“And then I fell in love with Torah and mitzvos.” That’s probably a quote from someone who was raised in an unaffiliated home and discovered Yiddishkeit later in life, right?
We tend to bear this erroneous sentiment not because those of us who are raised frum can’t or don’t enjoy the same connection. In the best case scenario—when all circumstances are ideal—it’s because the frum-from-birth adult is in love with Torah and mitzvos since ever. There was never a point where she didn’t feel otherwise so there was never a point when she “fell in love” with it. If you relate to this, fortunate is your lot that you’ve been feeling this way and may you merit transmitting your passion for Judaism to your children.
But what if I don’t feel the excitement and love and connection to Yiddishkeit despite being raised in its framework? What if I’m doing it all, even knowing it all, but I’m not deriving much joy from living a Torah life? Of course, I enjoy the luscious cheesecake on Shavuos, and even the vacation that Shabbos allows, as well as the donuts and mishloach manos and all that good stuff, but I can have that without Yiddishkeit. I may tell myself, “Who says this needs to be fun? I need to do what I’m meant to do. ‘Against our will we were born and against our will we will die,’ no?”
It is a pleasure
Despite the truth in it—that even if we don’t feel any pleasure in observing the mitzvos we’re still obligated to do so—that’s not what Hakadosh Baruch Hu intended for us when He gifted us with the Torah at Har Sinai. We find a plethora of passages that convey that the entire purpose of Yiddishkeit is davka to fill us with simcha and connection. The objective of all our mitzvos is not to turn us into frum robots; it’s about fostering a connection between us and Hashem, a connection that fills our heart with intense joy and peace—emotions that we’re capable of experiencing especially for this relationship.
Dovid Hamelech, whose yahrzeit is on Shavuos, writes in Tehillim, “ta’amu ure’u ki tov Hashem, just taste and you’ll see that Hashem is good.” As the embodiment of goodness, that’s all He wants for us. A life of pleasure and beauty, not of feeling burdened or emotionless. In His great love for us, He granted us what He aptly calls “lekach tov.” I have something sweet and delicious for you, My precious children. This Torah is not only your ticket to Olam Haba, but if you live by its dictates you will live a rich life of emotional and spiritual pleasure in this world.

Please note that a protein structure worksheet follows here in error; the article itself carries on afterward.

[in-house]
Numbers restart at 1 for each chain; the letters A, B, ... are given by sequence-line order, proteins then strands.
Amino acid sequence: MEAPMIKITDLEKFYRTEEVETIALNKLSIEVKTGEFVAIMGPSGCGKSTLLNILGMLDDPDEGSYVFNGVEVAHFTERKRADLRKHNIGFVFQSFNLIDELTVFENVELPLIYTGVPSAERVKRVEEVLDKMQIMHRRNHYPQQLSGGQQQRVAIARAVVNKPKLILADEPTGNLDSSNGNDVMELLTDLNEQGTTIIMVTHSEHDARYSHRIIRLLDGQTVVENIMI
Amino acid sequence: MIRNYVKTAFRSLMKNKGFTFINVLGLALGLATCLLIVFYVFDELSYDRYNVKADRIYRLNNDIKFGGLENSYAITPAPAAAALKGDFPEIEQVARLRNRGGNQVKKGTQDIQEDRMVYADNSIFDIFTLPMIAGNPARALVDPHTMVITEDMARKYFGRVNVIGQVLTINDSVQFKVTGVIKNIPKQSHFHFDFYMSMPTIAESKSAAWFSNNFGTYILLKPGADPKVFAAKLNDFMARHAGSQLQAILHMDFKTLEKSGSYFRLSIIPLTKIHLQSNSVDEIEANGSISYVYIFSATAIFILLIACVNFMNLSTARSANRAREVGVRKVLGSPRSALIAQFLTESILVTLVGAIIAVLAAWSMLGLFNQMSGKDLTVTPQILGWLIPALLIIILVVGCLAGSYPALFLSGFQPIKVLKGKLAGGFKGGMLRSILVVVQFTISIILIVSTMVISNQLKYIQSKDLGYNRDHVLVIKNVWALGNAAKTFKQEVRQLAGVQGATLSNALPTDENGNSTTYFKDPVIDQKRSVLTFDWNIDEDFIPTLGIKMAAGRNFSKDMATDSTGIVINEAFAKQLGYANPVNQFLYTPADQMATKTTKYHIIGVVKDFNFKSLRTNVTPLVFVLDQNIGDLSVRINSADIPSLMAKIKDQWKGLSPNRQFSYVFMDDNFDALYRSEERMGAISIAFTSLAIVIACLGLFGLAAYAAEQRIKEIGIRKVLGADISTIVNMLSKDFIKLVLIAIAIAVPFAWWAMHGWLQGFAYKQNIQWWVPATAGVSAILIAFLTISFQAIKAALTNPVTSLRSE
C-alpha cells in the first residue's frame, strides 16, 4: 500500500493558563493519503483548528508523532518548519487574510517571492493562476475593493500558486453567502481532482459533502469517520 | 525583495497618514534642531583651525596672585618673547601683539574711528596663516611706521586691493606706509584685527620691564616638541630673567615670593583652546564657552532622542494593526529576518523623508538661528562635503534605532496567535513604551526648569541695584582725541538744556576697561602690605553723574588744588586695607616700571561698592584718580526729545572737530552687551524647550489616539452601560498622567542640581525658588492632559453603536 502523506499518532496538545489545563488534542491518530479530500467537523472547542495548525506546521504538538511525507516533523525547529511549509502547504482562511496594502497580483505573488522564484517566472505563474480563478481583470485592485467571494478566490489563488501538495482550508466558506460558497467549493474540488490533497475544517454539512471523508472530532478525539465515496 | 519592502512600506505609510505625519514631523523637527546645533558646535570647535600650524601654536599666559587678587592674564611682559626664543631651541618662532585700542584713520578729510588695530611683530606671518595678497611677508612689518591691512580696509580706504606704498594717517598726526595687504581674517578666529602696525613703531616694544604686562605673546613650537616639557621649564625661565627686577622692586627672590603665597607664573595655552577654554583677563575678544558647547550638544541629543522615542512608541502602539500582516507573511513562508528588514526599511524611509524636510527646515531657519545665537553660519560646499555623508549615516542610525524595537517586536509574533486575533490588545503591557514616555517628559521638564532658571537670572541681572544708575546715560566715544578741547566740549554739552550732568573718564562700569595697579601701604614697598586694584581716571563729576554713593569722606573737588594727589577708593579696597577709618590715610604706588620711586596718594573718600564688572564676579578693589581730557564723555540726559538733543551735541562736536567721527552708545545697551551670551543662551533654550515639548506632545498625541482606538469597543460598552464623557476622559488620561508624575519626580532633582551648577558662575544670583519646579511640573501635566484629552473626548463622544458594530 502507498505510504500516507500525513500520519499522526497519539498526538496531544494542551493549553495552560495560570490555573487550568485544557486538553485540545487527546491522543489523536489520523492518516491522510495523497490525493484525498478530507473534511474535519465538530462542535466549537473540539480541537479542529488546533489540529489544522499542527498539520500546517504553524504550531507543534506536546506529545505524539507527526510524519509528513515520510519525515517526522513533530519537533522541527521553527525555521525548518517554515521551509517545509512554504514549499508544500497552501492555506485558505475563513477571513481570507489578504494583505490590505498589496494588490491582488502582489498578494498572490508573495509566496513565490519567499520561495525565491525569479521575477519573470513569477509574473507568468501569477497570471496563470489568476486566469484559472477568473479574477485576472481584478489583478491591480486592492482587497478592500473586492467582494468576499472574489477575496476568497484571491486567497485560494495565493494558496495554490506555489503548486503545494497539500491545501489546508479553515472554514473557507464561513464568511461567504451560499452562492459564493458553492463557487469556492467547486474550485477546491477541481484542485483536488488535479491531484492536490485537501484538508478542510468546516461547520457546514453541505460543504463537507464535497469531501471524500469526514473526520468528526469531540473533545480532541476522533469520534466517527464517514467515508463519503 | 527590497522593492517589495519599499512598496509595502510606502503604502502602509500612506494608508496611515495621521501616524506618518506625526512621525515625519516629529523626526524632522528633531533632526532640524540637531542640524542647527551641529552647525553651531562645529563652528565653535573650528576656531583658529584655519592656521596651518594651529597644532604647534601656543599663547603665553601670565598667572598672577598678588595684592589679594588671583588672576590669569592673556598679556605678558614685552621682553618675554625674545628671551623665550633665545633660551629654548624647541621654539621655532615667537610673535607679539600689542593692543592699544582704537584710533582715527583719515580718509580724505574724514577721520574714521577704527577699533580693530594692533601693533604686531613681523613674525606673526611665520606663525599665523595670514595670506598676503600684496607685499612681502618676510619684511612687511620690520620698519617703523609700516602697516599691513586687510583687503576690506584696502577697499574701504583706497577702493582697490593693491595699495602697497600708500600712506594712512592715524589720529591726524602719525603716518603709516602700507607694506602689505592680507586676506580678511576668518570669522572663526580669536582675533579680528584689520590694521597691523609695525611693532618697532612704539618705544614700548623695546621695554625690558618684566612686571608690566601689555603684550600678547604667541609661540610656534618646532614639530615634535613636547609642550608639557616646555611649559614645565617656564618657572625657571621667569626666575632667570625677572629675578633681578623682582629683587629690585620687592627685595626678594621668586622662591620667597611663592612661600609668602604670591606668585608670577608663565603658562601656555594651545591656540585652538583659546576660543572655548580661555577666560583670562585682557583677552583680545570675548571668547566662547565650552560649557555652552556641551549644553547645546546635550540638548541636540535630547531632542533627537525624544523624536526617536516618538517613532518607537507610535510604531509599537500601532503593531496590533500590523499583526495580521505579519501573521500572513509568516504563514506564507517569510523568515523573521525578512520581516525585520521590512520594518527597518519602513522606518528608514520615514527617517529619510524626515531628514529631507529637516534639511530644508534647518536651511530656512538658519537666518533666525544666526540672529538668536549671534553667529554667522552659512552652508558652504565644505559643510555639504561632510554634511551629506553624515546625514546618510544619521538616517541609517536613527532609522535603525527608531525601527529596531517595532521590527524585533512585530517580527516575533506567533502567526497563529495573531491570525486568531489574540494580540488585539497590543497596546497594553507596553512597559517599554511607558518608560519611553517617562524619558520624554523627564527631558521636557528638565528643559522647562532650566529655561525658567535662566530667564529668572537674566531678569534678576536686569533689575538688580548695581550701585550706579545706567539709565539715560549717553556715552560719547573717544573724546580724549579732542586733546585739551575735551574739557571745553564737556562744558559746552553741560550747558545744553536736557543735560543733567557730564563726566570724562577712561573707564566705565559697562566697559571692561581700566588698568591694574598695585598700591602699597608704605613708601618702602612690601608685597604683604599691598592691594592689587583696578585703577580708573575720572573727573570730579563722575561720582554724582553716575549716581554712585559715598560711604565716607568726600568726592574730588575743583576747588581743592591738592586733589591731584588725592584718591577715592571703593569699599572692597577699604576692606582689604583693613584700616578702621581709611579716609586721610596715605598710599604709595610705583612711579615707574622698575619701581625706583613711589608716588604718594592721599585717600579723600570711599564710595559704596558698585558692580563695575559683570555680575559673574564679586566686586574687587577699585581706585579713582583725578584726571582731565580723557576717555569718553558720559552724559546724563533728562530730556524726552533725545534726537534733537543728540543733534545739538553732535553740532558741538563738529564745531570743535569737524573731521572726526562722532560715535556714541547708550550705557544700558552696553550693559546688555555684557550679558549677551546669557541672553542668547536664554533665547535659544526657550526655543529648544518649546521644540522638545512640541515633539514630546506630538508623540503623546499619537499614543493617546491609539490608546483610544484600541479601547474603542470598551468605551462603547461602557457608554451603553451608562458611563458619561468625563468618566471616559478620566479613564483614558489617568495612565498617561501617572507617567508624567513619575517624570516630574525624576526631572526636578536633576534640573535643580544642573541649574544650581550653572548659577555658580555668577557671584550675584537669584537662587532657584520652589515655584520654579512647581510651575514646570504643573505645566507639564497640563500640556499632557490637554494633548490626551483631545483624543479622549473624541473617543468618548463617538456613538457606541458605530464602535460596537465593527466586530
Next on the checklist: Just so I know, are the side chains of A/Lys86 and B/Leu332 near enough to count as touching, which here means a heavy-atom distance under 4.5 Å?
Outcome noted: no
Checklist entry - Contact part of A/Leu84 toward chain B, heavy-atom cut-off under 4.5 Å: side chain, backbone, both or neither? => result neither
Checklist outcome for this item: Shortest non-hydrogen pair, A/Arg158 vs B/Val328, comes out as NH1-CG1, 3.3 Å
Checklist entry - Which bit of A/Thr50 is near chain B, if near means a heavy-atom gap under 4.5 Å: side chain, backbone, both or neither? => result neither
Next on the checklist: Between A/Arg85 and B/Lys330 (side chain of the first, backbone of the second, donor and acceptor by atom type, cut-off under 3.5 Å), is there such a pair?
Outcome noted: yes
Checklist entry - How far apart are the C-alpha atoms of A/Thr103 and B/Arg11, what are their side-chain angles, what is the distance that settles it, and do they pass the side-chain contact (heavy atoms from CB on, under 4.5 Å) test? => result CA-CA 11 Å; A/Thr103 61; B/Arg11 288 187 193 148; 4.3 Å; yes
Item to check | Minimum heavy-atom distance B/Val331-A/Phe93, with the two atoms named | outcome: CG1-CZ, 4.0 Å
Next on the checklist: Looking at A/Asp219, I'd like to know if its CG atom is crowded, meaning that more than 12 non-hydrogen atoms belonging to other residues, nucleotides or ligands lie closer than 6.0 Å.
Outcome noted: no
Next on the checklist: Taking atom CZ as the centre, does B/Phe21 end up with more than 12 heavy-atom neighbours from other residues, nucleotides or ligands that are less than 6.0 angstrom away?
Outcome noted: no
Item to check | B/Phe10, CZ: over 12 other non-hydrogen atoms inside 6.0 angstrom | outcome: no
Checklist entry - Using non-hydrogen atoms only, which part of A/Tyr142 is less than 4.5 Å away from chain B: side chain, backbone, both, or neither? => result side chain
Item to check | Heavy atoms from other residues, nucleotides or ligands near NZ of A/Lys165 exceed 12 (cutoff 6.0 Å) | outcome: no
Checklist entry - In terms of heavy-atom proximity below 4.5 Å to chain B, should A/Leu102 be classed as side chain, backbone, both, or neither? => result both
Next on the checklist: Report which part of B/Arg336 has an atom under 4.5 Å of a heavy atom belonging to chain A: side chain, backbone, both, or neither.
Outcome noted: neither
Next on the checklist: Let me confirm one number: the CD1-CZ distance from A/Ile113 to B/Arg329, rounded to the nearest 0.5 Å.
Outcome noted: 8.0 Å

Hashem doesn’t only want us to observe His commandments. He wants us to live and breathe them with passion and joy. At the conclusion of the harsh rebuke that we find in Parshas Ki Savo, we find the reason for it: “Because you didn’t serve Hashem, your G-d, with simcha.” The Torah implores us not to stay stuck on the rituals. Feel the connection, dear children, Hashem beseeches. It’s through my Torah that we can bond. It’s through my Torah that you can feel alive. Ki heim chayeinu v’orech yameinu. These are not deeds we do as part of our life; they’re life itself.
How can we feel all this?
Since Yiddishkeit, as we’ve explained above, is an undisputed, unadulterated source of pleasure, our inability to feel it may be due to barriers that have been erected, whether consciously or not, between us and this feeling. One reason I may not feel it is due to my personal associations with the mitzvos and aveiros. It may be my perspective, based on my life schema and the circumstances in which I grew up, that hinder me from feeling this. Exploring this is a good start to help embrace the real Yiddishkeit. How did I feel when I was introduced to these mitzvos, like tznius and Shabbos? Was it joy or was it restriction? Was it excitement or was it a feeling of unworthiness? How do I view Hashem, our Father who loves us unconditionally, and what is my take on aveiros? Seeing Judaism for what it is, sans the attachments and perceptions we’ve come to associate with it, is a critical vehicle toward kindling our love for Torah and our pleasure in leading a Yiddishe life.
Another element that gets in the way of our ability to connect to Judaism from our heart is the constant mind-buzzing that we’re accustomed to living with in 2020. A whirling mind, in general, distances us from every pleasure in life. I can’t enjoy a delectable meal or a scenic view if my head is not present. Especially as women, multi-tasking is our “thing.” While this may be helpful when we must get our duties done, its downside is, as the Aish Kodesh writes, “that it takes our mind away.” We’re simply not present. We’re all over the place but not even in one place. How can we move past these obstacles, including emotional associations and mind-buzzing, to actually be connected to the pleasure that is readily available to us in Yiddishkeit?